Four years after seroconversion, an HIV-infected patient has a CD4+ cell count of 800/µl and a low viral load. The nurse teaches the patient that
a. the patient is at risk for development of opportunistic infections because of CD4+
b. the patient is in a clinical and biologic latent period, during which very few viruses are being replicated.
c. anti-HIV antibodies produced by B cells enter CD4+ cells infected with HIV to stop replication of viruses in the cells.
d. the body currently is able to produce an adequate number of CD4+ cells to replace those destroyed by viral activity.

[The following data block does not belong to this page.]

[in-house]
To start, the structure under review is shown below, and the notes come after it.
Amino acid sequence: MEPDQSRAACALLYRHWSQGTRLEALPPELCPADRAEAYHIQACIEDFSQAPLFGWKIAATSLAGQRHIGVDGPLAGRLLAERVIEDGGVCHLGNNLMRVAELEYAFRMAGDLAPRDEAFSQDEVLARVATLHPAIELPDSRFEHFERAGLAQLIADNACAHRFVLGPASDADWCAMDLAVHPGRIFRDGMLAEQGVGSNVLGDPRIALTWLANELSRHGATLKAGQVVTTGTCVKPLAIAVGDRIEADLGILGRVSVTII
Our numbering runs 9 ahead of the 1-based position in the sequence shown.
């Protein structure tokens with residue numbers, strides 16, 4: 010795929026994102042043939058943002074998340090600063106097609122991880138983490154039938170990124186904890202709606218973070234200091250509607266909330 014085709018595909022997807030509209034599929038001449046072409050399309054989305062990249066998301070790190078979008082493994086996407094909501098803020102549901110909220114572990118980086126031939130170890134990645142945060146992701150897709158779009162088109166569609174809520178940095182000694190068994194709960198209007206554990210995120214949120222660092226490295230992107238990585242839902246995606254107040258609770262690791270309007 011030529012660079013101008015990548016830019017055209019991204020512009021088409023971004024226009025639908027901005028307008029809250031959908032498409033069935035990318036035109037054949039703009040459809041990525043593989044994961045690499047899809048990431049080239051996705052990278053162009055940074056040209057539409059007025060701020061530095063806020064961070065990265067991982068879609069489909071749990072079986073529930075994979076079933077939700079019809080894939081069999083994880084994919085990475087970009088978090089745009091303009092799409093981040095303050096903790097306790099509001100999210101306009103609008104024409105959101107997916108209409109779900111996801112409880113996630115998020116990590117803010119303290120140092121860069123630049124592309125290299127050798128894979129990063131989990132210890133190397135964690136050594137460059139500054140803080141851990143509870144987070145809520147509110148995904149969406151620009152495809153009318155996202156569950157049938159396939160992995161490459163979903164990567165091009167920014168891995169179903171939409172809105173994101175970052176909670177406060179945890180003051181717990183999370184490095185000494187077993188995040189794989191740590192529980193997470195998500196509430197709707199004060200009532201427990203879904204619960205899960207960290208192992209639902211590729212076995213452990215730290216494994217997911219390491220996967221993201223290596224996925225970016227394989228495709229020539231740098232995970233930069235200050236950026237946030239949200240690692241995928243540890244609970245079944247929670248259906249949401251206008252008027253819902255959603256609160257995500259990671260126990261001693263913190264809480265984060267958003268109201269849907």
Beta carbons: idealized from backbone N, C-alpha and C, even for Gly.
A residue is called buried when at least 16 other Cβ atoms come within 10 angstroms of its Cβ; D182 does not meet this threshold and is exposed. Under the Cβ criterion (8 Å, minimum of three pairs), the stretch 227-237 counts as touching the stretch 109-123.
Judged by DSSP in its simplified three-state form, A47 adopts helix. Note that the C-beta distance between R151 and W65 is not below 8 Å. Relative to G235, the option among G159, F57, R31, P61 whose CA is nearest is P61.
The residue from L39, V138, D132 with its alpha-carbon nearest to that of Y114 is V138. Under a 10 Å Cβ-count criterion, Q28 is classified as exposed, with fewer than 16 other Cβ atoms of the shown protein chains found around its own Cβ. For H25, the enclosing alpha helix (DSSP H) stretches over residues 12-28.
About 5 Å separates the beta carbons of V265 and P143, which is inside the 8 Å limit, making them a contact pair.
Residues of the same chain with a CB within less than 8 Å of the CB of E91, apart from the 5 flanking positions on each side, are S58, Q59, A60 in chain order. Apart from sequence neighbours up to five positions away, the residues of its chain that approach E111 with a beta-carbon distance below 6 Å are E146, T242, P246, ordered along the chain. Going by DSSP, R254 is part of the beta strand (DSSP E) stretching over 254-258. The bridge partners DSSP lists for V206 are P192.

- Correct Answer: D
- Rationale: The patient is the early chronic stage of infection, when the body is able to produce enough CD4+ cells to maintain the CD4+ count at a normal level. The risk for opportunistic infection is low because of the normal CD4+ count. Although the viral load in the blood is low, intracellular reproduction of virus still occurs. Anti-HIV antibodies produced by B cells attack the viruses in the blood, but not intracellular viruses.